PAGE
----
The Hungry Ghost Festival

Written by Mugilaa Selvaraja

Edited by Fajar binti Benjamin

Many Malaysians by now would have been accustomed to the festival called the “Hungry Ghost Festival”. Well how much do we know about it or how little is still a question yet to be answered. As creepy and fun as it may sound, I still blame my Chinese friends for giving me the chills I have until this day when the month of this festival arrives. I was often told stories about how ghosts will haunt mortals like us during the festival season and my friends would tell me stories of their so-called “experiences” to creep me out further. I simply don’t walk out alone in the street at night, cross places the lamps and food is served or do my usual night swims throughout the period of the festival.

To those who have no idea what I’m saying, let us decipher all about it shall we?

The hungry ghost festival is also known as the Ghost Festival, Zhongyuan Jie, Gui Jie and Yulan Festival. It is a traditional Buddhist and Taoist festival held in certain Asian countries. The celebration to my surprise is only for one day. I always thought it was for a month until I did some research. It is held on the 14th or 15th day of the seventh lunar month of the calender. This day fell on the 25th of August this year.

The origin of this festival is still unknown as countries like India, Cambodia and Japan share similar beliefs. Well , the celebration signifies the opening of the gates of hell wide open in the beginning of the month. It is believed that during the ghost month , spirits seek out worldly pleasure and even revenge against those who did them harm while they were alive.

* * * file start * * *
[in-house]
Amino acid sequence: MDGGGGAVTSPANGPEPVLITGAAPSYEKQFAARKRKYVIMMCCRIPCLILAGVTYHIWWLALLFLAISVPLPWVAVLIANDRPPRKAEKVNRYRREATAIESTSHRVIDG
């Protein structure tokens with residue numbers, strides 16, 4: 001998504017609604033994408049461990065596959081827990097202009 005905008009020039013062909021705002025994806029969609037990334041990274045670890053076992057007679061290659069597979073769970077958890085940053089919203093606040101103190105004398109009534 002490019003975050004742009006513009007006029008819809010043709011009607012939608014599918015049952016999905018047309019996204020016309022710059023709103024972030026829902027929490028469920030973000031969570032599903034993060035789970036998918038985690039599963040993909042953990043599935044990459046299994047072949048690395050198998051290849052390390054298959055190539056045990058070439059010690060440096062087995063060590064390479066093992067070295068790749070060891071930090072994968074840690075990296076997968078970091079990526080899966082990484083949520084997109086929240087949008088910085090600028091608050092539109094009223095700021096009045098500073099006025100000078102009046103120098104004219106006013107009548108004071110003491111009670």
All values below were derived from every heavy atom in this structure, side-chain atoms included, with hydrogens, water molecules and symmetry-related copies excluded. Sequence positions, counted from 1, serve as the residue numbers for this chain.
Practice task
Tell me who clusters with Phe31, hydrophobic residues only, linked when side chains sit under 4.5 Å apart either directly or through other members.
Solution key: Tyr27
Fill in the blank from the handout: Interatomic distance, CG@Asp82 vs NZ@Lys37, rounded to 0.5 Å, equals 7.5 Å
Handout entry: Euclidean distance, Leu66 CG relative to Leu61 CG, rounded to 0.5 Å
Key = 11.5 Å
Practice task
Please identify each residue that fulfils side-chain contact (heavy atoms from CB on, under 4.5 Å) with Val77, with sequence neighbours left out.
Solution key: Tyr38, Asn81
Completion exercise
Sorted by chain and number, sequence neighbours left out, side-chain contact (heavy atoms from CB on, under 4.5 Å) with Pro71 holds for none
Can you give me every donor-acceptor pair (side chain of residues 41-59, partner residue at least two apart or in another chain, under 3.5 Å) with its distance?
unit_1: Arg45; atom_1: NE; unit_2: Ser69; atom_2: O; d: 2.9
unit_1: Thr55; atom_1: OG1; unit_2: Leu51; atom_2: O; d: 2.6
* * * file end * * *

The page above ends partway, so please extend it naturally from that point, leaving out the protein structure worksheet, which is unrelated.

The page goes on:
Sacrifices are offered by the believers to the deceased that consist of burning joss paper, chanting scriptures, floating lotus flower-shaped lanterns and food. This is done due to belief that after weeks of travelling the ghosts would be famished and to contain the spirits.

Unlike the Qing Ming festival that honors the family and ancestral ghosts, the ghost festival is celebrated to pacify the restless stranger ghosts that might possibly cause harm (Chinese American Family, 2018). What stands out and stays interesting about this event is that it is filled with taboos only our ancestor generations would clearly be aware of. It starts with not being able to wear shirts that have your name printed on, not to open your legs wide open and view anything from between your legs and not to whistle. Besides all of this, children, pregnant women and senior citizens are strictly prohibited from going out at night. Any activities that would provoke the ghosts are not allowed too.

Here is a list of DON’TS extracted from an online source :

1. Hang out late
2. Spit in the street or tree
3. Stare at the candlelight or burning fire
4. Step On Or Kick offering items / joss sticks along the Roadside
5. Cover up your forehead at night; always pin or put up your hair as high as possible
6. Stare at “them” if you really saw one; look or walk away calmly
7. Make funny jokes or comments on any display altar / offering items along the street
8. Look underneath the altar table when there is a prayer session